Going On and On About the Love of God
MARCH 1, 2018
Over the past couple of years I've often been asked whether or not I believe in repentance or the pursuit of holiness because I talk so frequently about the love, grace, and compassion of almighty God.
Questions about whether or not I’m being faithful to the entire witness of Scripture pop up, and I find myself giving the same answers again and again. I thought it might be helpful to put a few thoughts down here.
First, I’m unapologetic about being so brazen with my commitment to be “that guy” who goes on and on and on and on about the love of God. In my 37 years in the church, I’ve never heard too much about the love of God. In fact, I’ve never met a single Christian from Lima to London who has been overly saturated in the love of God. Instead, I’ve met countless believers who’ve been burned in all kinds of fires. Some have been burned badly by horrible church leadership, and they’re at home on Sunday mornings missing Jesus and his people. Others are burned out through religious performance, serving God and others, frantic Marthas who can’t just sit still for a moment and let God be God. Still others have been burned by particular sermons on the dreadful wrath of God, the incomprehensible nature of God, or the overwhelming lip-searing holiness of God, leaving so many outside in the front yard as a stranger, rather than snuggled up in the living room as a child with their Abba.
Yes, snuggled. I used the word snuggled in reference to the God of the universe, maker of heaven and earth, the one to return to judge the living and the dead. Snuggled is a personal word, an intimate word, a sacred word, because it communicates vulnerability, childlike trust, and unwavering confidence that God can be who he says he is and not what the religious cops of the day portray him as. Being hell-bent on rule keeping and tedious nitpicking reveals that it is possible to read all about someone (i.e. God) but never actually know them or be changed by them.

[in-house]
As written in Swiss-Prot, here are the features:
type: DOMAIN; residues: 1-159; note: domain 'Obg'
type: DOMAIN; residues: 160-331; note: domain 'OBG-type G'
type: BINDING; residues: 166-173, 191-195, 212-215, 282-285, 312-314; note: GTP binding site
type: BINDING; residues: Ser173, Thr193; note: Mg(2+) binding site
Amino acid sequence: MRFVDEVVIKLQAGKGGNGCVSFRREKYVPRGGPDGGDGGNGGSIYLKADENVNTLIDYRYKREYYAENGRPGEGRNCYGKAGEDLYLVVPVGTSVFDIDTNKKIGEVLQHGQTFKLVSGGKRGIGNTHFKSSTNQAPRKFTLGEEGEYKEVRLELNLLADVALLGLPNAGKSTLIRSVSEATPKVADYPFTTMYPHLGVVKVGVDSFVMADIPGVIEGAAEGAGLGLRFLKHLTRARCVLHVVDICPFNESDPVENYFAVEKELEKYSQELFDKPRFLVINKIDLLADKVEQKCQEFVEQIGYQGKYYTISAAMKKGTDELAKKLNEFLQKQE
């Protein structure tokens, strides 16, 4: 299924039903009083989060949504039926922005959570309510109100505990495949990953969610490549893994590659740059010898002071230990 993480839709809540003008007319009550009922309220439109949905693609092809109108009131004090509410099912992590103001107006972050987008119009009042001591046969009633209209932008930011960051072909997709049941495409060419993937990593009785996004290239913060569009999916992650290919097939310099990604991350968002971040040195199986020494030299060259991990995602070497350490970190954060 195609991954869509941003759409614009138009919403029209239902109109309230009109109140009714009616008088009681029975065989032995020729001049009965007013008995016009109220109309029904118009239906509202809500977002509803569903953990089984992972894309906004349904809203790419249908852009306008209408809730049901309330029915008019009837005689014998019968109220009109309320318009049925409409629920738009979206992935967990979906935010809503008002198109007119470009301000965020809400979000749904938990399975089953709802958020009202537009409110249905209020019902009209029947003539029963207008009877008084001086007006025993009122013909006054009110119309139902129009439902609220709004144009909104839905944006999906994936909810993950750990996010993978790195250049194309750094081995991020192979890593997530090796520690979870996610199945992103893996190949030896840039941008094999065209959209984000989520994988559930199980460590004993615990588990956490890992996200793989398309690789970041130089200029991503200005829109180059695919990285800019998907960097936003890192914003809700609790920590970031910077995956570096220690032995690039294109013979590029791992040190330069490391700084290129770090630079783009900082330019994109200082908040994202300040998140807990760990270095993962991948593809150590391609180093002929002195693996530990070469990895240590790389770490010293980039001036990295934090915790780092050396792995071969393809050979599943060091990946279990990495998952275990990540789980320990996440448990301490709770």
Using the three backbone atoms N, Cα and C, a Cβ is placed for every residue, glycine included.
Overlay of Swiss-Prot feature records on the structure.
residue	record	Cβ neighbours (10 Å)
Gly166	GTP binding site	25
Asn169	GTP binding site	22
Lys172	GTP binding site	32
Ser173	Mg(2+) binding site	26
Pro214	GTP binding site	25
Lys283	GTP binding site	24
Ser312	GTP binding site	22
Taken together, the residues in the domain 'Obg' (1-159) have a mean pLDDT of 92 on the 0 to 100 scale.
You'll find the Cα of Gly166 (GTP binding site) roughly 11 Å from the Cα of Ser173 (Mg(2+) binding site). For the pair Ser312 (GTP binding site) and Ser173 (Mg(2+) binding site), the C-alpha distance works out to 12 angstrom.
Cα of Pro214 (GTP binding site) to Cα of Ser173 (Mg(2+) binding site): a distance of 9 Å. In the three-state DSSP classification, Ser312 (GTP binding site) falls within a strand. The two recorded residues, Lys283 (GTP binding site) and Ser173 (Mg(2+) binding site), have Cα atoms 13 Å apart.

When Jesus says “come to me and rest” (Matt. 11:28), or “make your home within me” (John 15:4), or “as my father loved me, so I have loved you” (John 15:9), he is not establishing a hallmark card Christianity, filled with trite sayings, something to give a little pick-me-up on a gloomy Monday Seattle morning. He’s offering a once-in-a-lifetime opportunity for rebels on the outside to pull up a seat at the table on the inside, receiving what was theirs from eternity past—a glowing, vibrant, unshakable identity as Abba’s child.
This does not for one moment downplay the holiness of God (1 Sam. 2:2).
This in no way diminishes Jesus commands to walk in holiness (Matt. 5:30).
Kindness that Leads to Repentance
Embracing our identity as the beloved children of God in no way pushes us away from repentance. In fact, the first stop on the journey of God’s kindness is repentance! For it is the kindness of God that is intended to lead us to repentance (Rom. 2:4)! What I’m committed to preaching to myself, my wife, my children, and anyone who will give me the time of day is this—God is love, and God welcomes us on the grounds of the Good Friday cross in which he suffered the wrath of God in our place for our sins, and to dine, eating fish on the beach with his grinning Easter-face by, in, and through the Comforter, the gracious Holy Spirit who draws us even now to sit still, feel his hand on our shoulders, and hear the words spoken to St. John on the Isle of Patmos, spoken now, “Do not be afraid. I am the First and the Last. I am the Living One; I was dead, and now look, I am alive for ever and ever!” (Rev. 1:17-18).
The grace of God is in no way in opposition to holiness, God’s grace, applied by the Holy Spirit leads us deeper into Christlikeness which is another way of saying “holiness.”
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